• Hammam – Turkish Bath – from 20 to 50 dh per attendee, depending on how humble or elegant they are (luxury package deals may include exfoliation, massage, henna, etc., so there will be more people to tip ).
  • Hairstyling, facials, waxing, massages and other spa services: 10% discount on each service (tip directly to the appropriate assistant or stylist for each service).
  • Beauty salon – haircuts, highlights, coloring, etc. – 10% for the main stylist; $10 more for each attendee (ie hair wash, color application, etc.)
  • Manicure, pedicure, waxing and other services – 10% of the service(s); 10 dh extra for assistance, if any

Parking and gas stations

  • Street parking guard – 3 dh on average; 5 dh in the good neighborhoods; 10 dh in the premium places. (Guardians may or may not be present at the metered street parking spaces marked with blue lines; have the meter ticket visible on your windshield.)
  • Valet parking costs between 10 and 20 dh.
  • Parking attendant: between 10 and 20 dh (depends on the location, ask if the price is not displayed.)
  • Car wash (exterior only) – 20 dh (sometimes offered by a parking attendant)
  • 2 dh for the gas station attendant (optional to add gas, clean the windshield or check the tire pressure, etc.)

Other tipping situations in Morocco

  • General assistance (carrying shopping bags, loading cars, helping with physical tasks, etc.) – 5 dh; more if you have to lift heavy objects or it takes more than a few minutes.
  • Buta Gaz delivery (or replacement of liquid propane tanks) – 5 dh (more if you have to climb stairs or multiple tanks are delivered)
  • Plumbers, electricians, painters, etc. – 20 to 50 dh (more if a half or full day is dedicated to the project; it is also a courtesy gesture to provide a meal if a worker is there at lunchtime or while you serve your family).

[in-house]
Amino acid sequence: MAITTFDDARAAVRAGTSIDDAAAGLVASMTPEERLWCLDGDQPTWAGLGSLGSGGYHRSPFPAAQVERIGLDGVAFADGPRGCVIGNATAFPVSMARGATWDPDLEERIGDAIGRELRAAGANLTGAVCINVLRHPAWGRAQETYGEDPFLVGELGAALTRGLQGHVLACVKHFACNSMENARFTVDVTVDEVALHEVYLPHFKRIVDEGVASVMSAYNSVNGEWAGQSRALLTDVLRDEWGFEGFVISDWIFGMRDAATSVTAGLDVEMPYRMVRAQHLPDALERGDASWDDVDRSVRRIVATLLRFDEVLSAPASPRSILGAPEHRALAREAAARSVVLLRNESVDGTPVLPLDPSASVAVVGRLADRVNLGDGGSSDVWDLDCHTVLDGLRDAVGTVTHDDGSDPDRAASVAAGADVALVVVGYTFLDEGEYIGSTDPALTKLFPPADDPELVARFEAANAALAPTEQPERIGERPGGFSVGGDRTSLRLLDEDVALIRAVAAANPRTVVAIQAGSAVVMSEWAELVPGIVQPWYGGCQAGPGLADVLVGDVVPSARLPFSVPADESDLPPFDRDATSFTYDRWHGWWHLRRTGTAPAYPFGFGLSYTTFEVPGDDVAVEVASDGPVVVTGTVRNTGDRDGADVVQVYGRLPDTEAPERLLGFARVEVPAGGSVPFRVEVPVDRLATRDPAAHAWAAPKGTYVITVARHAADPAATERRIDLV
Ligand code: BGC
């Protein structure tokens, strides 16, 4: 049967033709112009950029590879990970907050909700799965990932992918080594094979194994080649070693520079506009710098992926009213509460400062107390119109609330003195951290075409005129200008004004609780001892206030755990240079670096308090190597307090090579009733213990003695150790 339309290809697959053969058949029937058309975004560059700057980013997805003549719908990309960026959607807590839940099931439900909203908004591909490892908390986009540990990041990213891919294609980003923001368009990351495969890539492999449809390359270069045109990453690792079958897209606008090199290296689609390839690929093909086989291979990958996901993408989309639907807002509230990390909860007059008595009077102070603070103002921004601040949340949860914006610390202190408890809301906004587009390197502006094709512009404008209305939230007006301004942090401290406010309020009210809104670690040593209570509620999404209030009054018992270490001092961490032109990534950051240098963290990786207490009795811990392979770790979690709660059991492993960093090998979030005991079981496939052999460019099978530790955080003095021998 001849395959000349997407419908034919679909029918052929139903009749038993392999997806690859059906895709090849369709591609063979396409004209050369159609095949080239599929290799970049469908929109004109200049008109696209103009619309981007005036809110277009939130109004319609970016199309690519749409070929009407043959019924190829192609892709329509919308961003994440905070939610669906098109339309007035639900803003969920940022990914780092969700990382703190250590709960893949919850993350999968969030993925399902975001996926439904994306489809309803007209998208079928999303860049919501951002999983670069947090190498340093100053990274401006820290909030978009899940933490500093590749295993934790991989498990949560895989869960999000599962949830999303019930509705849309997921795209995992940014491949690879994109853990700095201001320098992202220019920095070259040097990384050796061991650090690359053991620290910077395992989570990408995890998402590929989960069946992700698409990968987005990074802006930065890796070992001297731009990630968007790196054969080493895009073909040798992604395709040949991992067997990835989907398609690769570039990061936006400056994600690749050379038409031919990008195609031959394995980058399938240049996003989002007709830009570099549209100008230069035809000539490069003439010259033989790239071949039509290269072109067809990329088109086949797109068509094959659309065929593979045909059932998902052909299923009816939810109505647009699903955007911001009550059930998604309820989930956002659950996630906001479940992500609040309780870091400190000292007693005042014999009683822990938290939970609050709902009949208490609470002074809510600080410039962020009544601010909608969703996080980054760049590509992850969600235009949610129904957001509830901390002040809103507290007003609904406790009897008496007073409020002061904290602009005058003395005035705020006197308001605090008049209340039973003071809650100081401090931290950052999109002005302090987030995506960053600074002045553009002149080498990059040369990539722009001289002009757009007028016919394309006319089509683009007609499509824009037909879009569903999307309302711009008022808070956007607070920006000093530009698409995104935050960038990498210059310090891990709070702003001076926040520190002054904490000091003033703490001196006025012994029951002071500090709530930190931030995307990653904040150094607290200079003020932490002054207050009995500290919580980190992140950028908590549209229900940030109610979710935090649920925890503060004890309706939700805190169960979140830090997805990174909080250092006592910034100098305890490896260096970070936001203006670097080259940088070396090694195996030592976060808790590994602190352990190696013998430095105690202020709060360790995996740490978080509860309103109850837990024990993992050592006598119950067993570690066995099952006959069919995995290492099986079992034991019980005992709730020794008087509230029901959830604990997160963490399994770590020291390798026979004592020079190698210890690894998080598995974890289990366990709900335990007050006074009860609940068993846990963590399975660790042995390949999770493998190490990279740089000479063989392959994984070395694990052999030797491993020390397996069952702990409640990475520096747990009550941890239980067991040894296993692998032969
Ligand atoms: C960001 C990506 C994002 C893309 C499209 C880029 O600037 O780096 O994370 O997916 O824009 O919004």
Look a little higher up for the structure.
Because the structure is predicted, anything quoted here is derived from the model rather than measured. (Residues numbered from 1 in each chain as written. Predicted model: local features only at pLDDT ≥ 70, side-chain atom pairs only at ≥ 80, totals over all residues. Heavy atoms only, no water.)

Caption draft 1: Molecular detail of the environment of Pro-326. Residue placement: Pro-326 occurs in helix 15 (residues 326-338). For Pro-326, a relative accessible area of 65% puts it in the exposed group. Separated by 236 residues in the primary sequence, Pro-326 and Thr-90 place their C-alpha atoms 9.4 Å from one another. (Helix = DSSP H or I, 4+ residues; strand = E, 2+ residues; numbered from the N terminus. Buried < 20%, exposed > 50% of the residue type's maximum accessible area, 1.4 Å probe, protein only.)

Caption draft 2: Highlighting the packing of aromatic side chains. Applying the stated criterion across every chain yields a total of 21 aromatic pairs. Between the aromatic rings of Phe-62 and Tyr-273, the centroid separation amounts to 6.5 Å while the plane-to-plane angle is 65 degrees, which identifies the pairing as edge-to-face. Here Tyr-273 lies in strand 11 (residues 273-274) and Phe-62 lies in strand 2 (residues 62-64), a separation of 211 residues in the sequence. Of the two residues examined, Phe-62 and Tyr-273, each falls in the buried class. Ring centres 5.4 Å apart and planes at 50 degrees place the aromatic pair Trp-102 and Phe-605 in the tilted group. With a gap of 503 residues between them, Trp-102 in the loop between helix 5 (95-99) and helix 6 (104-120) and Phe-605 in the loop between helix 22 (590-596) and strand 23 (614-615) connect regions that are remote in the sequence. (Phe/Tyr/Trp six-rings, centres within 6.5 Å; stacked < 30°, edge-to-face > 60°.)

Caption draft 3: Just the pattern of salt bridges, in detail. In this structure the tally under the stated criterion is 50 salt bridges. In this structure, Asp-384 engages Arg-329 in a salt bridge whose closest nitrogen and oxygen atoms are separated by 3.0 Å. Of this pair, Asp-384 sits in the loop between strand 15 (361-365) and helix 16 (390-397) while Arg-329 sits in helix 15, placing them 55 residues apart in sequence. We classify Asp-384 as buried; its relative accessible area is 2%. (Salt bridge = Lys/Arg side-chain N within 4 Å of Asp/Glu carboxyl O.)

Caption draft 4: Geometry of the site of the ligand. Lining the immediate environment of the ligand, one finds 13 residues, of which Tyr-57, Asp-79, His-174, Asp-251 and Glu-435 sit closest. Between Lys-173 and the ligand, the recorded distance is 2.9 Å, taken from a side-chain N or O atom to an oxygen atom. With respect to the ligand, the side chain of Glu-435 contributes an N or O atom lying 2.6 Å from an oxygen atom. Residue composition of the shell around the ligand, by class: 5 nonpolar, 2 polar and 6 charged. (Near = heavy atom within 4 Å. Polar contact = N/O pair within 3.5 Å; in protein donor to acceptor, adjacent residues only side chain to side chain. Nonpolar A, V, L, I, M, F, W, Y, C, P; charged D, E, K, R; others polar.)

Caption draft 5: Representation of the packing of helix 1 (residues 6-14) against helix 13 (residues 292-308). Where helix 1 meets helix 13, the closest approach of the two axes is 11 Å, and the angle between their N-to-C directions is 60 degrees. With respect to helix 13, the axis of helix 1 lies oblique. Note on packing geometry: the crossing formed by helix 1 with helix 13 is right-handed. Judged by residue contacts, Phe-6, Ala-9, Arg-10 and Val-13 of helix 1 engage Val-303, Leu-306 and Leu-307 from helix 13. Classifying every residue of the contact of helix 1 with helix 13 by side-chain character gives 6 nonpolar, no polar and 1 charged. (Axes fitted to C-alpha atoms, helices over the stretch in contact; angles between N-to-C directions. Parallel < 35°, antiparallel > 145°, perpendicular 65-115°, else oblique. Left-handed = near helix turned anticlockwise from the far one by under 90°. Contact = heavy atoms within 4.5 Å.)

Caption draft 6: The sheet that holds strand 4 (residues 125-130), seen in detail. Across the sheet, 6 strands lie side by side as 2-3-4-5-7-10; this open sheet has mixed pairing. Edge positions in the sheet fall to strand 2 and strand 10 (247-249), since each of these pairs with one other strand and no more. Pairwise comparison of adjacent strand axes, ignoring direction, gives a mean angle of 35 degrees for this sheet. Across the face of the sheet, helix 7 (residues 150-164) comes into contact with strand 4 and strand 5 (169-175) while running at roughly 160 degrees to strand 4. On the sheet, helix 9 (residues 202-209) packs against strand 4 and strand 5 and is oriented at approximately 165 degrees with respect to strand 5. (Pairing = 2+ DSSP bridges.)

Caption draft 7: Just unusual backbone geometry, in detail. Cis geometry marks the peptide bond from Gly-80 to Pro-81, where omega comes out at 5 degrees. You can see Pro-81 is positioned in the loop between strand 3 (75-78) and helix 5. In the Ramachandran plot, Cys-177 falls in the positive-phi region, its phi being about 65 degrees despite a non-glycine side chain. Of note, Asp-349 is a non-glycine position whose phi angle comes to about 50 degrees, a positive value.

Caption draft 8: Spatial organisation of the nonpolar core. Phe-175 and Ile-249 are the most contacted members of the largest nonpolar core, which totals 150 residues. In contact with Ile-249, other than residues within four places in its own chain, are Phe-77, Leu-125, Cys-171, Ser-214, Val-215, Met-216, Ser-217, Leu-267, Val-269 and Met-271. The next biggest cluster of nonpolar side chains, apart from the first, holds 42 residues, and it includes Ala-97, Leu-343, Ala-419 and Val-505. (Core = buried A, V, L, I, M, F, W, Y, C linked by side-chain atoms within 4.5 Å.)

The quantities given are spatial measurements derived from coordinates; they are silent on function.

In addition to the rules listed above, you may find yourself in situations where a tip seems acceptable.

For example, tip fishmongers, poultry vendors, and anyone who helps clean or prepare produce at markets.

If in doubt, just add a few dirhams to your purchase.

Moroccan markets


How much do you tip in Morocco?

In the fancier places, the normal tip is between 7 and 10% of the bill. NOTE: Always pay your tip in cash and leave it on the table. If you pay by credit card, do not add it to the account.

Do you tip in hotels in Morocco?

Tipping is a common and acceptable aspect of daily life in Morocco. Those of us who live in Morocco are used to tipping restaurant staff, hairdresser employees, hotel workers, laborers and other service providers.

How much should you tip a private guide in Morocco?

In general, tip your private guide $10-15 per day, plus an extra $5-10 for drivers. On large group tours, the tip will be half.

How much do you tip in the riad in Marrakech?

Staff in a riad or hotel: We recommend 50 dirhams per day per room to cover all staff. Use the tip box to ensure that the tip is distributed evenly among all staff. Local guide after a half-day excursion: 50 dh (for 2 to 5 people) or 10 dh per person for larger groups.

How much do you tip in a hammam in Morocco?

Prepare to have some cash for tips. However, restaurants, cafes and bars are not the only establishments where tips are expected. It is also customary to tip hotel staff, doormen, hairdressers, and musicians. The hamam assistants, on the other hand, demand that they be paid 25% of the cost.